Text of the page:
Machine Learning is a set of computational techniques that allows us to extract patterns from data. In other words, these algorithms can learn the information contained in datasets like tabular data, text, images, or even videos. However, there is no universal algorithm capable of learning every pattern from every kind of data. Each machine learning algorithm solves a specific type of learning problem. We call machine learning tasks the particular learning problems solved by machine learning algorithms.
Machine Learning techniques have many real-world applications and solve a significant number of business problems. They are applicable in a wide range of science and business domains, including medicine, new drug discovery, agriculture, marketing, cybersecurity, and so many more. However, we do not need to develop a new algorithm for each new machine learning application. Instead, we can re-state our domain-specific business problem as a well-known machine learning task and then follow a process to select the most appropriate algorithm to solve the task. We need to understand the information we want to learn from our available datasets and select the proper algorithms to apply to our data.
In the applied machine learning field, the ability to choose the right machine learning task for a given domain-specific problem is even more important than implementing machine learning algorithms from scratch. That’s because there’s a significant number of libraries out there that already implement these algorithms. On the other hand, choosing the right machine learning task is an entirely human-dependent activity making understanding machine learning tasks an essential skill for machine learning practitioners.
There are three main groups of machine learning tasks: Supervised Learning, Unsupervised Learning, and Reinforcement Learning. In the next sections, we are going to understand how they work and some of their applications.
Supervised Learning aims to develop a model capable of predicting a label from a data instance. Thus, we need to provide in the training dataset the correct label of each data instance. There are two types of categories of supervised learning tasks: regression and classification.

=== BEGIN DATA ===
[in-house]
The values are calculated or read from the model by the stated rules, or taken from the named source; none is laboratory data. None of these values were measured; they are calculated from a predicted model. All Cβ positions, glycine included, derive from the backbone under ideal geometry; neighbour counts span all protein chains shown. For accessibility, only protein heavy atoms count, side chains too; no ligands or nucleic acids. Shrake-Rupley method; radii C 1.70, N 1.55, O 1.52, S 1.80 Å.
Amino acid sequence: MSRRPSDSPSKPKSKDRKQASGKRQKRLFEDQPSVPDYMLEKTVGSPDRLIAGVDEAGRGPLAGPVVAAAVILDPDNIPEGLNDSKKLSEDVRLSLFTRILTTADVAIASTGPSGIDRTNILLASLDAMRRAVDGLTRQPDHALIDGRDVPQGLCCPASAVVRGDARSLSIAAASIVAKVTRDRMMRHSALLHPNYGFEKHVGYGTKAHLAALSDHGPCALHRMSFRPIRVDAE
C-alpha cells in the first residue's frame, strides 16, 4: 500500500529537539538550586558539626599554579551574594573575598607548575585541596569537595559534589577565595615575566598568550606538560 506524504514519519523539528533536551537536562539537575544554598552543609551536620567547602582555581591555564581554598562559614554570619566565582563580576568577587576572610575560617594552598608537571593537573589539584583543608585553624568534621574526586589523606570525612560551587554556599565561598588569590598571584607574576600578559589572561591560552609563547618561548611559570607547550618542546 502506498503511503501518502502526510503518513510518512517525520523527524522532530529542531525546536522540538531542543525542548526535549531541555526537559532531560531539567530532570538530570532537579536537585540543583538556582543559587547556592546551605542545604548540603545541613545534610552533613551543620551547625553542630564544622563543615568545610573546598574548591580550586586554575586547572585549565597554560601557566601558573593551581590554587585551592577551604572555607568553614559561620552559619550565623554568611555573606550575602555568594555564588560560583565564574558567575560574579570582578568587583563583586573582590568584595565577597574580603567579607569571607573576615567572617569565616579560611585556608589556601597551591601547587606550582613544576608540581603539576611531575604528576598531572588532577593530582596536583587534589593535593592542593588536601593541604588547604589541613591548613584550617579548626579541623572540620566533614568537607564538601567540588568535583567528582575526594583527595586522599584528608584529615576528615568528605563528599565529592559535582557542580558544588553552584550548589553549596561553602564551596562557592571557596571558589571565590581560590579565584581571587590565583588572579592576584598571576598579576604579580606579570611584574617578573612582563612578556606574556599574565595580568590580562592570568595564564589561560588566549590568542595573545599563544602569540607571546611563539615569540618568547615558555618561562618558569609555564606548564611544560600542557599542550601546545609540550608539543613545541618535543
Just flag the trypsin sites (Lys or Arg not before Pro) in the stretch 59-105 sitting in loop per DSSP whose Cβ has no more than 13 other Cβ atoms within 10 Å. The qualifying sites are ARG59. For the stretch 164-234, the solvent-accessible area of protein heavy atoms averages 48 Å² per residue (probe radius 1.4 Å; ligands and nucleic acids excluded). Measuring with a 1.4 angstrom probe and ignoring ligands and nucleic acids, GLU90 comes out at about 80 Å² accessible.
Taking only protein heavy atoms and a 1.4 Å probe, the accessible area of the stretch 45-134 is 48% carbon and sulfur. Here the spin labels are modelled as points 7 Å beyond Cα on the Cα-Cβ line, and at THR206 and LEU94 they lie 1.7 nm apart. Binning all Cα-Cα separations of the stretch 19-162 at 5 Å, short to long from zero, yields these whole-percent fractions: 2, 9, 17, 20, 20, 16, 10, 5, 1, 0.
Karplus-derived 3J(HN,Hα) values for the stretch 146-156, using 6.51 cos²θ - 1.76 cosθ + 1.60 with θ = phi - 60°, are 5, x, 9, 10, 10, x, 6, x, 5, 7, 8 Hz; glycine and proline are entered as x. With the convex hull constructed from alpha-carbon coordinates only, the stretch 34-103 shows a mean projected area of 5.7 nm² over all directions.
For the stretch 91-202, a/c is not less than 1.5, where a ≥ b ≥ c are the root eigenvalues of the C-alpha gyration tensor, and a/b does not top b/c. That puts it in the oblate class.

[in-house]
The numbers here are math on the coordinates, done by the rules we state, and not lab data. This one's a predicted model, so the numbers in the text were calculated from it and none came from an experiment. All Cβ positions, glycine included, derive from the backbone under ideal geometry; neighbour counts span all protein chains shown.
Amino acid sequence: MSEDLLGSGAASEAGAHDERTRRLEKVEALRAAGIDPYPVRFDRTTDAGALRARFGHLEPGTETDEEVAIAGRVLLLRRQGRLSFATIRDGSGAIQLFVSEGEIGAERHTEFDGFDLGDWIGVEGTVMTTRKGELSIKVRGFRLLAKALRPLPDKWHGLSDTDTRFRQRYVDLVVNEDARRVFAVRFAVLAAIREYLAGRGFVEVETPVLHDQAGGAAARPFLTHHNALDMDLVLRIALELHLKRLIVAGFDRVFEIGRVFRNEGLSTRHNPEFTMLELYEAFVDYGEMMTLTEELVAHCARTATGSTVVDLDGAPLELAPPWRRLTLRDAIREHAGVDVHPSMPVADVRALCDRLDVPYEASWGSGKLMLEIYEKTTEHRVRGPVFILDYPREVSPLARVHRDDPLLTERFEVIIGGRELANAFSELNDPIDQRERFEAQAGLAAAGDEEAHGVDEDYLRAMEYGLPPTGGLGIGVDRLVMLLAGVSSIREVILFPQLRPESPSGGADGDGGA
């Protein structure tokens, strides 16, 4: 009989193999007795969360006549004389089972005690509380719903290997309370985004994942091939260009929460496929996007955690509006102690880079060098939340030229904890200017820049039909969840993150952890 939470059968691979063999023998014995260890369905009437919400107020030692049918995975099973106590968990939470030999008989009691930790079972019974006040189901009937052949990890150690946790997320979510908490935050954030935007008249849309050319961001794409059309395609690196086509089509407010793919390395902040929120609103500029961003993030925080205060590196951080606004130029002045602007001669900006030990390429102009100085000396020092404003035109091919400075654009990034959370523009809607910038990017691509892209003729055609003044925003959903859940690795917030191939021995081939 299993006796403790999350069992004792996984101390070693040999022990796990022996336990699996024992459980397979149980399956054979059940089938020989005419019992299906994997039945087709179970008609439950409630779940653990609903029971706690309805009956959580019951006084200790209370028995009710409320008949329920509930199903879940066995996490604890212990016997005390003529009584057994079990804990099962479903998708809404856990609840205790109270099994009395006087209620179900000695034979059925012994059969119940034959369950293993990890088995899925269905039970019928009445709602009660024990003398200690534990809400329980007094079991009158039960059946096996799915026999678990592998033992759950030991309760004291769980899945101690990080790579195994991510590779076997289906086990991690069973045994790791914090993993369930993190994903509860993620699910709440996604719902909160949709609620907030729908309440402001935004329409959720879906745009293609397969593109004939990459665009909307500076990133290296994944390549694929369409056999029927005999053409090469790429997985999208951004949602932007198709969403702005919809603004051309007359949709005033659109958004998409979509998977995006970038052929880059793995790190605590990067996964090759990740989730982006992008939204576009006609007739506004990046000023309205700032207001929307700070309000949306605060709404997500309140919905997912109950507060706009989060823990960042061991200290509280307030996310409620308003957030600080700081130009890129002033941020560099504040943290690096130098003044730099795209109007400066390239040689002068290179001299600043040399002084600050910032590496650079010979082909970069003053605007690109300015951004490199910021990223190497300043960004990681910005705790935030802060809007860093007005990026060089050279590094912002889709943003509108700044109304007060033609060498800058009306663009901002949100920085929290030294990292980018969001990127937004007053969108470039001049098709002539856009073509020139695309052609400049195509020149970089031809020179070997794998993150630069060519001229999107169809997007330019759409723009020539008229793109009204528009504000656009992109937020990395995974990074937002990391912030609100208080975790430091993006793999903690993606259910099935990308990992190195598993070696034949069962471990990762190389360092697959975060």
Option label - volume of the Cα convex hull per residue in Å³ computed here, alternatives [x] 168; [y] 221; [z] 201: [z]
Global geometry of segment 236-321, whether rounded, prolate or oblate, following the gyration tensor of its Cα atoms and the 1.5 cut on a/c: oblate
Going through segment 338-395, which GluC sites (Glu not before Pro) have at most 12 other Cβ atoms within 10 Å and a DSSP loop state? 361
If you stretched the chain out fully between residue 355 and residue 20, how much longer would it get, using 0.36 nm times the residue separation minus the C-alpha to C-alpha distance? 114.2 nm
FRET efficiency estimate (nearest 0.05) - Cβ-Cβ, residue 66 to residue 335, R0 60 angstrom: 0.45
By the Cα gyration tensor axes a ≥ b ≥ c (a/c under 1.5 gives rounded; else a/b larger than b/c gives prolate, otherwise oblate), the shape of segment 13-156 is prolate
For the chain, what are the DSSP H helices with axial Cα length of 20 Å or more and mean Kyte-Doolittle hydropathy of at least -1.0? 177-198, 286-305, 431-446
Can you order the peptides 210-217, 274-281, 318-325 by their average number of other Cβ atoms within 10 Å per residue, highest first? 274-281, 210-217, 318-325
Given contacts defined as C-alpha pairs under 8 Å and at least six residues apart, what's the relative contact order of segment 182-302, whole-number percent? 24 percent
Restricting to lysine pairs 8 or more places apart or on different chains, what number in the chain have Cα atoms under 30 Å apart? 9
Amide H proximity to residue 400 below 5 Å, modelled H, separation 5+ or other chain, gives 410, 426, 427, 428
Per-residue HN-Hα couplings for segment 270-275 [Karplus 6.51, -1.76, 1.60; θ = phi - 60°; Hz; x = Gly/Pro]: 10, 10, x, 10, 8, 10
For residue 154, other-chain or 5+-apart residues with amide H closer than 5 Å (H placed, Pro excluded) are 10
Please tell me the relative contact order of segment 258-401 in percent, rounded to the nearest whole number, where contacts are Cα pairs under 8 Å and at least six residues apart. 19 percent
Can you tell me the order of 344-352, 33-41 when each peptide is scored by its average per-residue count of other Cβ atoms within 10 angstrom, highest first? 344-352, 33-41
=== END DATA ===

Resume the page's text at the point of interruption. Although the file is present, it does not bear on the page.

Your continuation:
The regression task takes an instance of our data as input and predicts a real number as output. In other words, we take inputs like images, texts, or database records and indicate a quantity related to this data. For example, we could create a regression model to predict a car’s price based on its picture. Another possible application would be to predict the number of likes of a social media post based on its content. Whenever we want to estimate a quantity based on a piece of information, we can create a regression model for our problem.
Our training dataset must contain examples of the inputs and their expected output when creating a regression model. In the car’s price prediction use case, we would need many pictures of cars associated with their respective prices. After applying a machine learning algorithm to our training dataset, we would have a regression model capable of estimating a car’s price based on its picture.
The classification task is similar to the regression task. However, instead of predicting a real value from a data instance, we estimate a discrete class or category. Practical examples of classification tasks are spam detection, fraud detection in financial transactions, cancer diagnosis from x-ray images, and many more. In our car example, instead of predicting a car’s price from its picture, we could estimate a category like sport, sedan, or miniwagon. The training dataset for classification must contain examples of the data instances we want to classify and their respective classes or categories.
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